Sunday Article 06: How Did COVID-19 Exacerbate Eating Disorder?


The covid-19 pandemic has made it difficult for people to cope – the risk of getting sick, losing your job, affecting your grades and the uncertainty of it all naturally makes everyone anxious. The isolation has made it a struggle for people to look for support from others, making it harder to cope with illnesses such as an eating disorder.

WHAT IS AN EATING DISORDER? In the broadest terms, it is a form of mental illness where one has an unhealthy relationship with food. As a result, they tend to develop extreme habits that are detrimental to their health and can take over their life. Eating disorder is an umbrella term - there are many different types of behaviours that constitute an eating disorder [1,2].

Anorexia nervosa aka anorexia is when someone is obsessed with losing weight, making themselves eat too little and/or exercise too much. While they might not seem like it, they often feel fat even though physically, they are not. It’s important to acknowledge that not only skinny or thin people suffer from anorexia. Without help, they can become really weak, and if not treated, anorexia can be fatal [1,2]. Someone who suffers from bulimia tend to go on a binging spree, where they would eat a lot of food in a short amount of time, then make themselves throw up, do too much exercise or use laxatives to stop themselves from gaining weight.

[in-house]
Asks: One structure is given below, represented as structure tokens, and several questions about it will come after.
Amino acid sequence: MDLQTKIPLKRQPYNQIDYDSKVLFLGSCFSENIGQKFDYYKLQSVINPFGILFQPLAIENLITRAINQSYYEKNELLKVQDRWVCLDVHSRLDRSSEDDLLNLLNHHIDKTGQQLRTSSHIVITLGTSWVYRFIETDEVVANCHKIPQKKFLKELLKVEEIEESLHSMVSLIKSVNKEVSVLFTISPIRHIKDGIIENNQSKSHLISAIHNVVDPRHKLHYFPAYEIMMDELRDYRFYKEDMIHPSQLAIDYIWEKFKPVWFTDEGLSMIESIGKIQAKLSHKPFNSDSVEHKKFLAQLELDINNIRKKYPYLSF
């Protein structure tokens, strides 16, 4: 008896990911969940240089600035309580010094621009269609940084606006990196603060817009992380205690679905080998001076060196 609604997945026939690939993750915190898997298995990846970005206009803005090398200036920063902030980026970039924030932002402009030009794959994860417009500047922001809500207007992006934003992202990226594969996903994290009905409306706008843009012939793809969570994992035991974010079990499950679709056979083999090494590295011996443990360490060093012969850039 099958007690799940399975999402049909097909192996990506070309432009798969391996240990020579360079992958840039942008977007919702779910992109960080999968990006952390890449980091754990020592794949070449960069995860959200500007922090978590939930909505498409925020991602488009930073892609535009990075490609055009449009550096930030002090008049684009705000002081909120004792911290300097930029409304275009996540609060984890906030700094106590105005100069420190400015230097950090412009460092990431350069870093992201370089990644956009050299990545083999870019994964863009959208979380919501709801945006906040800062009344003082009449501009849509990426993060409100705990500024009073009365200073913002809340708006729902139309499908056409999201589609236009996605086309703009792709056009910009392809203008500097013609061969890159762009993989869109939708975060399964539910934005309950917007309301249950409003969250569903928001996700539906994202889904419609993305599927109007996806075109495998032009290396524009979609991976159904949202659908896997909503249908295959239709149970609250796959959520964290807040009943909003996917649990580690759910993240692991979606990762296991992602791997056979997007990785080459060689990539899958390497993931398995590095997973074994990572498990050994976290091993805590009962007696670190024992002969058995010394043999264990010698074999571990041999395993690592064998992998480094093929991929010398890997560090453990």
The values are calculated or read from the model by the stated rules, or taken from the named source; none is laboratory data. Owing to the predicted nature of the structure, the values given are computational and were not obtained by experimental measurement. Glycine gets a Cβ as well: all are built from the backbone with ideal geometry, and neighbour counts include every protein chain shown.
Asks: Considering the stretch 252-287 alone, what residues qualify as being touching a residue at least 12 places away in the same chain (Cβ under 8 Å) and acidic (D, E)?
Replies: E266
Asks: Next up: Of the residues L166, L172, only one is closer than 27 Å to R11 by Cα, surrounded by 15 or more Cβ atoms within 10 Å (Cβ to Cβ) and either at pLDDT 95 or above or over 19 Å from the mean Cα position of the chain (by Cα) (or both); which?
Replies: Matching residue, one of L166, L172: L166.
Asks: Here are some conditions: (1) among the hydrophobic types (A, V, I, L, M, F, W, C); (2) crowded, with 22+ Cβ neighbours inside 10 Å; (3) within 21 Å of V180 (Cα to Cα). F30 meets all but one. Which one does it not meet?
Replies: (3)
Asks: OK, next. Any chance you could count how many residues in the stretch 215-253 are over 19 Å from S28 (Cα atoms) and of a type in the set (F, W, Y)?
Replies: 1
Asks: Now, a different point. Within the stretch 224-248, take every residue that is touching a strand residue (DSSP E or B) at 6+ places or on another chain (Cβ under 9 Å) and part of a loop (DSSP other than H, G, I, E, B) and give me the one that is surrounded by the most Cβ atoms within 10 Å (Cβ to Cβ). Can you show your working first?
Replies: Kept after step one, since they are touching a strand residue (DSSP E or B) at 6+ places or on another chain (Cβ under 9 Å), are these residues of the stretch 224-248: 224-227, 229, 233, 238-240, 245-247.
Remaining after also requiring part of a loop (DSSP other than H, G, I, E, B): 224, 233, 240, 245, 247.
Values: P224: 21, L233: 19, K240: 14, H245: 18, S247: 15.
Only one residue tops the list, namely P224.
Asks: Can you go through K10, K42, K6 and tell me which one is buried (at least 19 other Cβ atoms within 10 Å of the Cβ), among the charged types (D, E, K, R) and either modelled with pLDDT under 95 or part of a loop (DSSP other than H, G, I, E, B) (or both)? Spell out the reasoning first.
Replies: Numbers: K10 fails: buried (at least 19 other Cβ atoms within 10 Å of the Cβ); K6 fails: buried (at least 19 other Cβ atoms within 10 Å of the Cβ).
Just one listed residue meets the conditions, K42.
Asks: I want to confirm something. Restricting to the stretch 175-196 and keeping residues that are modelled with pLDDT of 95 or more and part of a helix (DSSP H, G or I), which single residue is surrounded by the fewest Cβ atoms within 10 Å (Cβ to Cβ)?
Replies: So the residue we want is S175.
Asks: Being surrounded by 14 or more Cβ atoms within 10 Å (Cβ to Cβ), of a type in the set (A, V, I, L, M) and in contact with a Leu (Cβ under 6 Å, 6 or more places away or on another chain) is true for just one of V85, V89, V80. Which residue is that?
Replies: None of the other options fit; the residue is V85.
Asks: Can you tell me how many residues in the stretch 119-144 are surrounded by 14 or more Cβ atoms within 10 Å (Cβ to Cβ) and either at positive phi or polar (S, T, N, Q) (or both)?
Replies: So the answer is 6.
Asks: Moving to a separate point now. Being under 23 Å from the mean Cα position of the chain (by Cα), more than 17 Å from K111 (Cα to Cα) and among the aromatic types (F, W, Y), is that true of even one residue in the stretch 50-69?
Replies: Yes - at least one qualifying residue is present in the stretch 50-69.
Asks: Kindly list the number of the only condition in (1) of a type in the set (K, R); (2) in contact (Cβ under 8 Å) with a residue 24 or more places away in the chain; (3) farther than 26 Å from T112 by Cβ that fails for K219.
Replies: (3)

Binge eating and vomiting can have serious effects on the heart, kidneys, teeth and muscles, so it should not be taken lightly [1,2].​ Binge eating disorder is quite similar to bulimia – they tend to lose control of their eating and eat too much, even when they aren’t hungry. However, unlike bulimia, they don’t make themselves sick after [1,2].​

Unfortunately, eating disorders don’t always fall under these three categories. Some people may have symptoms that don’t match all of what’s listed above. It’s important to know that this doesn’t mean it’s less serious. The unspecified symptoms of an eating disorder are known as ‘other specified feeding or eating disorder’ or OSFED, for short [1,2].

During the quarantine period in 2020, The National Eating Disorders Association has reported an increase in hotline calls up to 70-80% [3]. In the UK, The Royal College of Paediatrics and Child Health has warned parents to look for signs of an eating disorder in children, due to the sharp rise of eating disorders that increased by three or four-fold [4].


POSSIBLE TRIGGERS